7. Now insert another PivotTable using these new data. Click anywhere in the data portion of the table. Insert PivotTable. Click the Scrap Code and Scrap Weight check boxes. If it isn’t already there, click and drag scrap weight into the Values field. This will summarize all of M240’s data by type of scrap code. Don’t worry how the data are sorted. The following Pareto chart will take of that.

8. Now create a Pareto chart of M240’s scrap by code. Copy and paste the PivotTable data into a separate work area. Only select the column labels and data. Excel will not let you create a Pareto chart of the PivotTable directly. Then click on Insert > Chart and choose Histogram > Pareto. You will get a chart something like the following.

Now we see that code H50 accounts for 32.5 percent of M240’s scrap. Drilling down using PivotTables enables the kind of laser focus necessary to create powerful improvement projects.

9. You can now create an Ishikawa (fishbone) diagram using H50 (the “big bar”) on this Pareto chart as the head of the fish. There are fishbone templates available for Excel, but you can create the fishbone however you choose. The important part is that you are now ready to dig in.

With this data analysis, you can tell who should be on the root cause team—people on machine M240 who know something about scrap code H50. Without drilling down to this level, it will be difficult to determine root causes. Teams often end up “whalebone diagramming” and struggling to make improvements. It might also be desirable to start a second team on scrap code M129 scrap.

Once the team has implemented improvements, collect more data and revisit data analysis. Revise the control charts to confirm that the improvement actually reduced scrap.

Then find the next “big bar” and analyze it. Keep drilling down until the problems are eliminated.

My experience

Every multimillion-dollar project I ever worked on started with PivotTables of raw data that lead to control charts, Pareto charts, and fishbones. I also found that by doing the data analysis first, I never struggled to help a team succeed. The data analysis made sure that we got the right people on the team to solve a clearly defined problem. Root cause analysis was often easy because the project was so well focused. And I never had problems getting leadership support because the data told a compelling story that they could all understand.

Where to use this kind of analysis

This analysis will solve the vast majority of problems facing service businesses, which represent the majority of the U.S. economy. This will also help the service side of manufacturing businesses. I’ve used it to pinpoint problems in healthcare, software, telephony, and medical device manufacturing.

It works anywhere there are raw data about defects, mistakes, and errors.

Automating the analysis

I have coded this into the QI Macros Improvement Project Wizard, an Excel plugin. In a matter of seconds, the Improvement Project Wizard does everything that used to take me days. All you need are raw data about the when, where, what, how, who, and how much of each defect. You can find these data in existing systems—purchasing, billing, invoicing, medical record systems, etc.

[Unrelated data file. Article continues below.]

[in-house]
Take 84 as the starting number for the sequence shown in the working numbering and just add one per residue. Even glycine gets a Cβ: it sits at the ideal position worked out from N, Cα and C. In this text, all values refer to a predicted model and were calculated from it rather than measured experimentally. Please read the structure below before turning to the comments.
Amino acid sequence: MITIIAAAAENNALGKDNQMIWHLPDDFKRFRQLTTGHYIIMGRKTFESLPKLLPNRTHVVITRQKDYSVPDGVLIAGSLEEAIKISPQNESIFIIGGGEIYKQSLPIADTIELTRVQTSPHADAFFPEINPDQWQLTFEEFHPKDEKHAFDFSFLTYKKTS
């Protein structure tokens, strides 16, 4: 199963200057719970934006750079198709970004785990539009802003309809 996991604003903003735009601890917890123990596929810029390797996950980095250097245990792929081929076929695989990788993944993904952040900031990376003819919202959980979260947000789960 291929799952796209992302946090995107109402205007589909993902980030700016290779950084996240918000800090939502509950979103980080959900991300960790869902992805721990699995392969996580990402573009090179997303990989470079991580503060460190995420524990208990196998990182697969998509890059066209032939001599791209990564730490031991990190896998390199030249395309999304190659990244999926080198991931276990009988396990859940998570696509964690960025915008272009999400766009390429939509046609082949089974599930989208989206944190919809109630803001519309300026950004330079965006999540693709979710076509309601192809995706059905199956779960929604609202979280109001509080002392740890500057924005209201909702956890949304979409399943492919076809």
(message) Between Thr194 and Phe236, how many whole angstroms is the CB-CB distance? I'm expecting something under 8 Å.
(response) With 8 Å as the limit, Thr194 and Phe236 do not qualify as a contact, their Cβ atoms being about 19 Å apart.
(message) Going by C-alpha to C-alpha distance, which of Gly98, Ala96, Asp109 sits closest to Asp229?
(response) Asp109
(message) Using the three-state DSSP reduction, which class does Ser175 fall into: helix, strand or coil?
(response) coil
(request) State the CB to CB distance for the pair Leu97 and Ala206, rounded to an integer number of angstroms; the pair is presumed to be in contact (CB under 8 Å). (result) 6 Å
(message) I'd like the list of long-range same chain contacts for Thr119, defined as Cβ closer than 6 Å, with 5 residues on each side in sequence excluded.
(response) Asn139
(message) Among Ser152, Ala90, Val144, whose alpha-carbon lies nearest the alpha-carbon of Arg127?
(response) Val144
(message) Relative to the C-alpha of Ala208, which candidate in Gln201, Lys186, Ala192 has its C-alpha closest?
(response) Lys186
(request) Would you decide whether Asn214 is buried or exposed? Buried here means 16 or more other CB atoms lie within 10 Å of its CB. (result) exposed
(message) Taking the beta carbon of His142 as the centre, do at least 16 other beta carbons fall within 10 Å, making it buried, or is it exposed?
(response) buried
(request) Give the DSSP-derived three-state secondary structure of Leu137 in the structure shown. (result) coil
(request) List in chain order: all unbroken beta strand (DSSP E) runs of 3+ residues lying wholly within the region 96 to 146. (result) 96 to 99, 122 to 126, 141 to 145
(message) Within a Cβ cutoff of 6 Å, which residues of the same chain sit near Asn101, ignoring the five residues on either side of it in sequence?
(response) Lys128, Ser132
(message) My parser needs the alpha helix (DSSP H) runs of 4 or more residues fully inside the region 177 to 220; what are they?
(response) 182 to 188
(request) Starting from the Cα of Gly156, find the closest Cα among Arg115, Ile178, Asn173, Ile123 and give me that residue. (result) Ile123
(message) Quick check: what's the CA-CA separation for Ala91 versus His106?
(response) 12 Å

Just import the raw data into Excel and let the Improvement Project Wizard find every possible improvement project in your data. It’s that easy.

Start making breakthrough, million-dollar improvements. You customers will love you for it. Every dollar you save falls to the bottom line, so investors will love you for it as well.


About The Author

Jay Arthur—The KnowWare Man’s picture

Jay Arthur—The KnowWare Man

Jay Arthur, speaker, trainer, founder of KnowWare International Inc., and developer of QI Macros for Excel, understands how to pinpoint areas for improvement in processes, people, and technology. He uses data to pinpoint broken processes and helps teams understand their communication styles and restore broken connections. Arthur is the author of Lean Six Sigma for Hospitals (McGraw-Hill, 2011), and Lean Six Sigma Demystified (McGraw-Hill, 2010), and QI Macros SPC Software for Excel. He has 30 years experience developing software. Located in Denver, KnowWare International helps service and manufacturing businesses use lean Six Sigma tools to drive dramatic performance improvements.


Excel Pivot Tables and Data Analysis


Excellent article- very helpful.

I was trained in data analysis in the mid-eighties. We used the approach you outline-but the number crunching was tedious with the earlier software. The evolution of Excel spreadsheets improved the process. The application of pivot tables you describe looks to be quite efficient.

It is interesting that you described an important concept (DMAIC: Define, Measure, Analyze, Improve, Control) of Six Sigma, without referencing Six Sigma. The approach you outlined pre-dated Six Sigma, but is frankly just an organized application of common sense problem solving using data.

I have been disappointed recently, observing how 'quailty professionals' have been vilifying Six Sigma. While there have been some misapplications- and overstating the successes of Six Sigma, the tools such as DMAIC can be very helpful in problem solving and continual improvement as you describe in your article.

Nice job!